- Communication skills
- Basic computer forensics skills
- Understanding of hacking
- Desire to learn
As for job titles, there are so many roles. Cybersecurity Professionals are needed in almost every industry – everything from banks to retailers to governments need experts to protect critical information. Here are the 12 most common job titles in cybersecurity:
- Cybersecurity specialist
- Cybersecurity Analyst
- Chief Information Security Officer
- Security Systems Administrator
- Forensic Computer Analyst
- Security Manager
- Security Architect
- Penetration Tester
- Security Engineer
- Information Security Analysts
- Security Consultant
How to Specialize in Cybersecurity?
Despite an organization’s best security efforts, data breach events still happen. Specializing in incident response means you will work to fix vulnerabilities and reduce loss when breaches occur.
As you know, despite a company’s effort to protect its assets, security incidents still happen. As an incident responder, you will be needed to monitor your company’s network and work to identify and fix vulnerabilities in order to minimize the loss in the event of a breach.
If taking the next steps after a security incident isn’t your strongest suit, then working as a digital forensic investigator might be. This could be a good fit if you work well under stress and enjoy a good mystery.
Common certifications: Certified Computer Forensics Examiner (CCFE), GIAC Certified Incident Handler (GCIH), Certified Computer Examiner (CCE), EC-Council Certified Incident Handler (ECIH).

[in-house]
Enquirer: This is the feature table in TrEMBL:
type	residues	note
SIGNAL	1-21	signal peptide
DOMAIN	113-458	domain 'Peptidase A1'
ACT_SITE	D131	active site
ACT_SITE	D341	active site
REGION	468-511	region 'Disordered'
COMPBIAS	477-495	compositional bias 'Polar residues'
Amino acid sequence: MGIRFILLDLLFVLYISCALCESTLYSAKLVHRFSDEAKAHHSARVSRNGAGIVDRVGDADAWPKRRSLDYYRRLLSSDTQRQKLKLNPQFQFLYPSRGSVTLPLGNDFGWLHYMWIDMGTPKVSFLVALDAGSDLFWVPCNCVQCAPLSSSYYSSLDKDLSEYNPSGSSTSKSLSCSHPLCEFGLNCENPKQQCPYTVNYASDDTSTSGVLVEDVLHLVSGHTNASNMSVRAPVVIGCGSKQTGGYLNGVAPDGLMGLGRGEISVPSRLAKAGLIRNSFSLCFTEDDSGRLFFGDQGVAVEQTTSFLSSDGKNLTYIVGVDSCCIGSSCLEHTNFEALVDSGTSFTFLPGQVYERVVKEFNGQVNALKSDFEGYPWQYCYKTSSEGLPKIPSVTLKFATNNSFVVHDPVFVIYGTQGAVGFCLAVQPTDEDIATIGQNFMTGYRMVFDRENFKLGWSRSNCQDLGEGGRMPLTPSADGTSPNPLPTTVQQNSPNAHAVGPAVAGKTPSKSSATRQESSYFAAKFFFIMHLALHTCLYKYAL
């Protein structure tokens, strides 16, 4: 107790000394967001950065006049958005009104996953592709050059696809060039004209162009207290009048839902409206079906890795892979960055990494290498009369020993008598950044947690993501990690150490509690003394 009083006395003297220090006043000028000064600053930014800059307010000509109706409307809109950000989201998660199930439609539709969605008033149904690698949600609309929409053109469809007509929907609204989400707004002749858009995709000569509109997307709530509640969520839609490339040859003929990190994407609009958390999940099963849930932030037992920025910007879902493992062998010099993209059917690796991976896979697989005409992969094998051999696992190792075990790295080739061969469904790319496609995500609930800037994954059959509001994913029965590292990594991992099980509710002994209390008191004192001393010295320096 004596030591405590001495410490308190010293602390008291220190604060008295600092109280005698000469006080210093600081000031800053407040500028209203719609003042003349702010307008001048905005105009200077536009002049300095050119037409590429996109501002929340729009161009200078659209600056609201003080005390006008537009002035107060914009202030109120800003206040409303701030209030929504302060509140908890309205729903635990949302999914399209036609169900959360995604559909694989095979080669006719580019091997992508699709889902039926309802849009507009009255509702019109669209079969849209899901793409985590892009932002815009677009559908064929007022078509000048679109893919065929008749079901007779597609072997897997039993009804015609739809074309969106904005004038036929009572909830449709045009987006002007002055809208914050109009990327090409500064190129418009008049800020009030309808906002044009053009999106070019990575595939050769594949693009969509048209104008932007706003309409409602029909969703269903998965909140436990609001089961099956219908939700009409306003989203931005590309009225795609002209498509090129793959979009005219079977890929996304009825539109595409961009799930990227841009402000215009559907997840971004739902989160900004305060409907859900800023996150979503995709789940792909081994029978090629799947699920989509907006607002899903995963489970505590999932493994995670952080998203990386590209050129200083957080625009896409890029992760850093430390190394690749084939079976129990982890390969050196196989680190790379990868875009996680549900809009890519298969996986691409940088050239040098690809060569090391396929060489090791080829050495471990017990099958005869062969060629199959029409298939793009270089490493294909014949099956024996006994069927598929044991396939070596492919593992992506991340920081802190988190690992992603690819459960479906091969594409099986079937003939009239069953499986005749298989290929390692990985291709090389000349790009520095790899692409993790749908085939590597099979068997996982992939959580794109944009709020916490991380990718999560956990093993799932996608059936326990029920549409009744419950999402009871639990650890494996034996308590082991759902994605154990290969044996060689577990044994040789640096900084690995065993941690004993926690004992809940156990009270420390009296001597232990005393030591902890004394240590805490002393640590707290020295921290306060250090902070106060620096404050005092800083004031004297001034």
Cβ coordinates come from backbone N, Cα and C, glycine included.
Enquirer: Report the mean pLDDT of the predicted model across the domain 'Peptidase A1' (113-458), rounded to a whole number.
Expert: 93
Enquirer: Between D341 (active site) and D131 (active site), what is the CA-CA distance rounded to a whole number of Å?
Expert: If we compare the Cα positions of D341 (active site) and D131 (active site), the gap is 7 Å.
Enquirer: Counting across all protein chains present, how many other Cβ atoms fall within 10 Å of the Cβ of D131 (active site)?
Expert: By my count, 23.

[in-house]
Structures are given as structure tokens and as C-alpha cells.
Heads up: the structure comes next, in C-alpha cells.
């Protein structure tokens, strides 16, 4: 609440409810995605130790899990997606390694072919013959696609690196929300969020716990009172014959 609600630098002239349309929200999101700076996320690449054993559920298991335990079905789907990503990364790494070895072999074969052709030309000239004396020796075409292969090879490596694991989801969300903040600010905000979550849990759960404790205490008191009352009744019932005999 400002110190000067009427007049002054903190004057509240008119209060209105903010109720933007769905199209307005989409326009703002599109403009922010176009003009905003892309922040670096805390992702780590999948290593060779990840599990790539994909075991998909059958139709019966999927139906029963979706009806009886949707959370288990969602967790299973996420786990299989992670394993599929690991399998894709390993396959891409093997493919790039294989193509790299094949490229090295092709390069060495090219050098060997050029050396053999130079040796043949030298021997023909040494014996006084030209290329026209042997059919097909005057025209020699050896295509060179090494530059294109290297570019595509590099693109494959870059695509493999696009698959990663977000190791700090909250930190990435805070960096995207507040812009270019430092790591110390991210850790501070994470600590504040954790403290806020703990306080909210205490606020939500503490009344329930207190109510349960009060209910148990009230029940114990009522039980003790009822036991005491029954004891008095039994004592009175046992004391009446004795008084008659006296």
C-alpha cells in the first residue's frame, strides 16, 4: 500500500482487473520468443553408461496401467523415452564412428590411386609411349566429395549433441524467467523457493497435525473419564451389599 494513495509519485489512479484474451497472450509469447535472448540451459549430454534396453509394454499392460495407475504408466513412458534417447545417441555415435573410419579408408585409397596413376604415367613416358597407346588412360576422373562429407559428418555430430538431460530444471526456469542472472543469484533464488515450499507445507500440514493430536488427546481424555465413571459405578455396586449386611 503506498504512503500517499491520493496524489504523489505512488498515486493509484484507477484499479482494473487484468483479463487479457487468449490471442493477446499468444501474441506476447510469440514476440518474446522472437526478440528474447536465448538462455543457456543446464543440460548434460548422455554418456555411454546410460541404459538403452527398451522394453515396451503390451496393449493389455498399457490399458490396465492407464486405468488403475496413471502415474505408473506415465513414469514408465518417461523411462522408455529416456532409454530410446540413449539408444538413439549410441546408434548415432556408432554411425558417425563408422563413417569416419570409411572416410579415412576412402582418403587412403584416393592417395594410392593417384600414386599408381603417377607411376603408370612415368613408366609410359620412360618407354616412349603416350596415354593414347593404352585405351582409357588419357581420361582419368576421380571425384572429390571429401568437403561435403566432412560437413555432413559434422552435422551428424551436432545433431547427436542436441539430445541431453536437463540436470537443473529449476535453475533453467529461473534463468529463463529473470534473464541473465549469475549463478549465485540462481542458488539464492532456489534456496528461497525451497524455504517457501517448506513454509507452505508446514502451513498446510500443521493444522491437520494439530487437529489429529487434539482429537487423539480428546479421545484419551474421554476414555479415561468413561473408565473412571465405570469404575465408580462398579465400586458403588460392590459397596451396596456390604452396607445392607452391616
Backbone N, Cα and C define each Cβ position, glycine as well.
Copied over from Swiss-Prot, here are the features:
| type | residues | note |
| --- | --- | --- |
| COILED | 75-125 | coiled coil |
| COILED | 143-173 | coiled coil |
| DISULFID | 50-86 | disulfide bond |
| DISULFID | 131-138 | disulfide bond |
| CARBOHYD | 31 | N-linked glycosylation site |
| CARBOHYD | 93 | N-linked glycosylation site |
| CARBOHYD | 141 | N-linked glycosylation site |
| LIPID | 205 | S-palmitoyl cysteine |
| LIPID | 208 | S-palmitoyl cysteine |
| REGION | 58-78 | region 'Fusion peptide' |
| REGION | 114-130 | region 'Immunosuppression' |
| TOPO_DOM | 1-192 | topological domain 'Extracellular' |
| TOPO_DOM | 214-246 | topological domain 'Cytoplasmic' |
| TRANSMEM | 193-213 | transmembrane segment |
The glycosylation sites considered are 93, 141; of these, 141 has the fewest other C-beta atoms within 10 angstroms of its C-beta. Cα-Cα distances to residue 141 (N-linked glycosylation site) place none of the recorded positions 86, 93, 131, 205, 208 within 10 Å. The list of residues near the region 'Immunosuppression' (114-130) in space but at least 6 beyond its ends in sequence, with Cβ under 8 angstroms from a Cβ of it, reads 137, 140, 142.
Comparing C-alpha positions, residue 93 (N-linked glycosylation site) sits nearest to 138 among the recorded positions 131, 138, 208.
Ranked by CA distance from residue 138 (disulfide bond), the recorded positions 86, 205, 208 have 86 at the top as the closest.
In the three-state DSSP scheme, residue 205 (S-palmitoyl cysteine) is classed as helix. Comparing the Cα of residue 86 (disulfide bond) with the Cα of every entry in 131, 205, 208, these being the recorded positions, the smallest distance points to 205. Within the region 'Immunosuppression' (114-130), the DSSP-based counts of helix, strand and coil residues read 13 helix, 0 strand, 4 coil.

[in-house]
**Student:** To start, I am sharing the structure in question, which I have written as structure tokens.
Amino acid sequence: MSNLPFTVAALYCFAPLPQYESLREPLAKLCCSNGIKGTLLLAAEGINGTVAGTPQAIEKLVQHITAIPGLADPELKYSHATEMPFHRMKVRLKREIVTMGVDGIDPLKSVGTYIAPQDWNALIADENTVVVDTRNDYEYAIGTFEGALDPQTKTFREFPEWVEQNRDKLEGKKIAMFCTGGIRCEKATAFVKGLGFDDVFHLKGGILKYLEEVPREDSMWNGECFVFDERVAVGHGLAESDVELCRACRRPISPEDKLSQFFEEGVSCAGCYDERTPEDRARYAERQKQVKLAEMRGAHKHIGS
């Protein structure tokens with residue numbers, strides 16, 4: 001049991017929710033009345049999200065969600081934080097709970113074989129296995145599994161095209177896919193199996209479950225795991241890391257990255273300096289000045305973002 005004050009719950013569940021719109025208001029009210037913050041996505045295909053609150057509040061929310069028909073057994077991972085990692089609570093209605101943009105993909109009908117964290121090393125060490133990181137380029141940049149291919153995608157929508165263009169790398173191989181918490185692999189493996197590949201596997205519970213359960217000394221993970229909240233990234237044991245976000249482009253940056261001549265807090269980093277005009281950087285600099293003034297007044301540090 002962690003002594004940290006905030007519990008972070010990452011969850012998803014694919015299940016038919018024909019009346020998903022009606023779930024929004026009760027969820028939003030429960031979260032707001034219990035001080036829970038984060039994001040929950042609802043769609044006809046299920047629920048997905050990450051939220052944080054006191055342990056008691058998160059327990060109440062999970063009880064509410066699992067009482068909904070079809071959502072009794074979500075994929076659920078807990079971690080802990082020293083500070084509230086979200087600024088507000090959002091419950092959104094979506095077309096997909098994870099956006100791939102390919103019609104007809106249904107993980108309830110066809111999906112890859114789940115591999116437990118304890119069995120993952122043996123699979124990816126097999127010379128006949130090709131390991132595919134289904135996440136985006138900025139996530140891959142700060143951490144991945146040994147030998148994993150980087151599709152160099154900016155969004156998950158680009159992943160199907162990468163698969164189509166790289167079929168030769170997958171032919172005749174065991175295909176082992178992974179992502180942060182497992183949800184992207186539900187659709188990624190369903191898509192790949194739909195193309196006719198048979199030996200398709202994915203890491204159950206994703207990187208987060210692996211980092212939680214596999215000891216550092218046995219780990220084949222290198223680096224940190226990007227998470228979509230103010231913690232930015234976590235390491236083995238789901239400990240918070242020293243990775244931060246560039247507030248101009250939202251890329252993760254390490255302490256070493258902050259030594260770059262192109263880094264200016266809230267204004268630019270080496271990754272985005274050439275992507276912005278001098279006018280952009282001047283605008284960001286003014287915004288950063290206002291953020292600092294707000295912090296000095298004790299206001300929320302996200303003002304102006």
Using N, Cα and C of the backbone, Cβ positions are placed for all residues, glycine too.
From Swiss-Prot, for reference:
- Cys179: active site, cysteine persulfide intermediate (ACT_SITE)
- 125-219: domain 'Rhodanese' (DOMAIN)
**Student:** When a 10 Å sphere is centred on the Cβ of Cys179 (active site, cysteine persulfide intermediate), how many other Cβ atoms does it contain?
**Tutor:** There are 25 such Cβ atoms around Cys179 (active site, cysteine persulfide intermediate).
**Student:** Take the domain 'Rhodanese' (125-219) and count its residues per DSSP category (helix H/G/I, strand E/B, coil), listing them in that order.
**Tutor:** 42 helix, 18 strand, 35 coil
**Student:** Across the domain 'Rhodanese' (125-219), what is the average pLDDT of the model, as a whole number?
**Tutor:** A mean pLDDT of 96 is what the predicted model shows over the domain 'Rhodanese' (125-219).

Engineering and architecture
Security engineers rely on their understanding of threats and vulnerabilities to design and implement defense solutions against various security concerns. If that’s the case and you enjoy doing it, you may advance to become a security architect accountable for your company’s security infrastructure.
Both fields could be a good career choice if you enjoy playing with technology and find delight in cybersecurity.
Common certifications: Systems Security Certified Practitioner (SSCP), Google Professional Cloud Security Engineer, CompTIA Security+.
As we’ve previously mentioned, businesses are in dire need of professionals to test their network systems for any security risks or vulnerabilities. In this position, you get to practice defense and offense by examining systems for liabilities and providing advice on reinforcing those systems.
This might be a great career choice if you enjoy variety and helping others manage their security systems.
Common certifications: Offensive Security Certified Professional (OSCP), Certified Security Consultant (CSC), Systems Security Certified Practitioner (SSCP).
Are Cybersecurity Careers Future Future-Proof?
All data hints that it might be. According to the U.S. Bureau of Labour Statistics, positions in data security are expected to reach 33% by 2030.
However, businesses in dire need of cybersecurity experts should expect a long-lasting skill gap in the field. The need to stay ahead of cybercrime doesn’t go away during this time, but at least there’s still hope. So, if you’re about to begin a degree program in cybersecurity anytime soon, the offering you have been dreaming about will be there when you’re ready.